Proteas' hard work starts now
Like a lawyer passing the first stage of his bar exam at the sixth attempt, South Africa’s cricketers had ample reason to celebrate on Wednesday night when they won their first World Cup knockout match, 23 years after the first.
They travel to Auckland today, Friday, after a day off in Sydney to savour both the enormity of the margin and the long-term gravitas of their achievement at the Sydney Cricket Ground, a thumping nine-wicket win against Sri Lanka with a staggering 32 overs to spare.
“It sends a very powerful message to all the other teams in the tournament,” said legendary Australian captain Allan Border, “and frankly, I’m a lot less comfortable for Australia now having seen this performance.”
AB de Villiers spoke with understandable joy, but was equally quick to dampen any premature celebrations: “You want to do the people that support you proud. It was a big pressure game and we just showed everyone that we can do it, so I am very, very proud,” De Villiers said.
“On the other hand, it means absolutely nothing.
We’re going to have to start over again and the hard work starts now.
We didn’t come all this way to say that we made it to the semifinal of a World Cup.”
Something exceptional happening
Try as he might to play down certain aspects of the victory, De Villiers could not avoid the magnitude of some. When Kumar Sangakkara, on the back of a world-record four consecutive one-day international centuries, required 41 deliveries to score his first six runs, there was obviously something exceptional happening.
“It was up there,” the captain responded when asked whether it was the best bowling performance he had seen. “We’ve done some amazing things before but it was definitely the most important performance in the most important game to date.”
Morné Morkel was Scrooge and the Terminator combined. Unable even to offer petty singles to the batsmen, he was trying to end their stay at the crease with every delivery – in conjunction with a captain who set attacking fields and urged his lifelong friend to bowl for wickets rather than dot balls. De Villiers has seen, and overseen, a huge change in Morkel in recent years.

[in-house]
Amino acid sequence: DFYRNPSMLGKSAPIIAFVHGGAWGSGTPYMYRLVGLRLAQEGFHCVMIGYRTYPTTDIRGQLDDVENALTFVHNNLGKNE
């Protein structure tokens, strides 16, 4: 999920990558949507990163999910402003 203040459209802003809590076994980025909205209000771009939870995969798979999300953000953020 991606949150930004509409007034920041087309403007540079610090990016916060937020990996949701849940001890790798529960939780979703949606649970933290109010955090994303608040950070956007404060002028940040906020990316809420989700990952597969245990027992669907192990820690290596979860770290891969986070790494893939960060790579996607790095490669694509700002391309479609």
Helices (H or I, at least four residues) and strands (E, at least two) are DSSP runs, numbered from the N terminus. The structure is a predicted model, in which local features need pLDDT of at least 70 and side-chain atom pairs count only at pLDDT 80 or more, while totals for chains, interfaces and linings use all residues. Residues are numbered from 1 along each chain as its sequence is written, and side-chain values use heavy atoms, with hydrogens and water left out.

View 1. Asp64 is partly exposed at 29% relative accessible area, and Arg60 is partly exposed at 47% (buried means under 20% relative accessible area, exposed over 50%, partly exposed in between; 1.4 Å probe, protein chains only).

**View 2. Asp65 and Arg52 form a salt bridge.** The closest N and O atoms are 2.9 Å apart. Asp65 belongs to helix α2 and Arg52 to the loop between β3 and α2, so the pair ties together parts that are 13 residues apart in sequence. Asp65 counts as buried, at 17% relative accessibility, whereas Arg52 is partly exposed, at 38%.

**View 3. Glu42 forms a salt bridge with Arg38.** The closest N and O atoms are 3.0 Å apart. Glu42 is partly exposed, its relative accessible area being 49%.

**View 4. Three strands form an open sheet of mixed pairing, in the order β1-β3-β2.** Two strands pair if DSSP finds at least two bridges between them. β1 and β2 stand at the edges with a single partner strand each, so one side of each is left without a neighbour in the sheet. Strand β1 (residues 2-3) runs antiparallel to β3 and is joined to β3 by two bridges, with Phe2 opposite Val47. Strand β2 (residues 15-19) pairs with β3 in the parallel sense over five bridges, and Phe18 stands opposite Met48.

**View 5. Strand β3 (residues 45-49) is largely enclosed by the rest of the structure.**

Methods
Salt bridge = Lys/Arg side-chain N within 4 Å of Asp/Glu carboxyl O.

“He talks with confidence, a lot of confidence, and he’s taken on a lot of responsibility. It’s not only Dale [Steyn] as the leader; it’s him, as well. He’s lifted his performance, but it’s not just about that. He walks the talk … I don’t think you’ve always seen that in his career. He believes that we can run through sides now,” De Villiers said.
Steyn was similarly awesome, although perhaps he is taken for granted: “He is brilliant in most games but he raised a gear,” said Jacques Kallis from London, where he is working as a pundit for Sky TV. “It happens subconsciously with him, depending on how big the game is and how much the team need him. Look out for the next two games,” Kallis said, ominously.
Quinton de Kock’s return to form has been a long and increasingly painful time coming, but his unbeaten 78 from just 57 balls has left him in a “good place” and the team in an even better one. De Villiers was dreading the prospect of reclaiming the wicketkeeper’s gloves and will now be able to focus on batting and captaining for the remainder of the competition – one game or two.
“It was a crucial innings,” he said. “We’ve all been in dark spaces, like he was in this tournament. All credit to the guys who kept backing him. They must have been tempted to let him go and for me to take the gloves. But he had a fantastic game, took a few crucial catches and batted with amazing confidence.
“To go through a bad patch like he has and to come out there in a quarterfinal of the World Cup, with that much confidence and get through it, shows what kind of player he is and what he can achieve in his career. I’m looking forward to the next few games to see what he does at the top of the order,” De Villiers said.
Just two games to go, then. Can South Africa continue to get away with their outrageous gamble of playing seven specialist batsmen and just four proper bowlers in their quest for glory?
“Yes, they can,” said Border. “Especially if Duminy bowls as well as he did against Sri Lanka. That wasn’t the performance of a part-timer. But if he needs someone else to chip in, then they can still do it. If the four front-liners bowl as well as they did again in two more games, then South Africa’s ‘weakness’ doesn’t have to be exposed. Strengths cover weaknesses, if they are strong enough.”
The Proteas play their semifinal at Eden Park in Auckland, no matter whether it is against hosts New Zealand or their quarterfinal opponents, West Indies. Defeat against Pakistan there two weeks ago may still hurt, but the experience of the unique conditions will serve De Villiers and the team well. It’s not just the farcical boundaries at the home of All Black rugby, but also the unusual floodlights.
“We just have to find a way, that’s all that matters at this stage. We have to think on our feet and make a plan. New Zealand are the form team, but maybe it will be the West Indies. We will think about that nearer the time.”
It’s tempting to say the World Cup monkey is off the Proteas’ collective back. De Villiers, however, would suggest it’s only its grip that has been loosened. Two more wins are needed to floor it.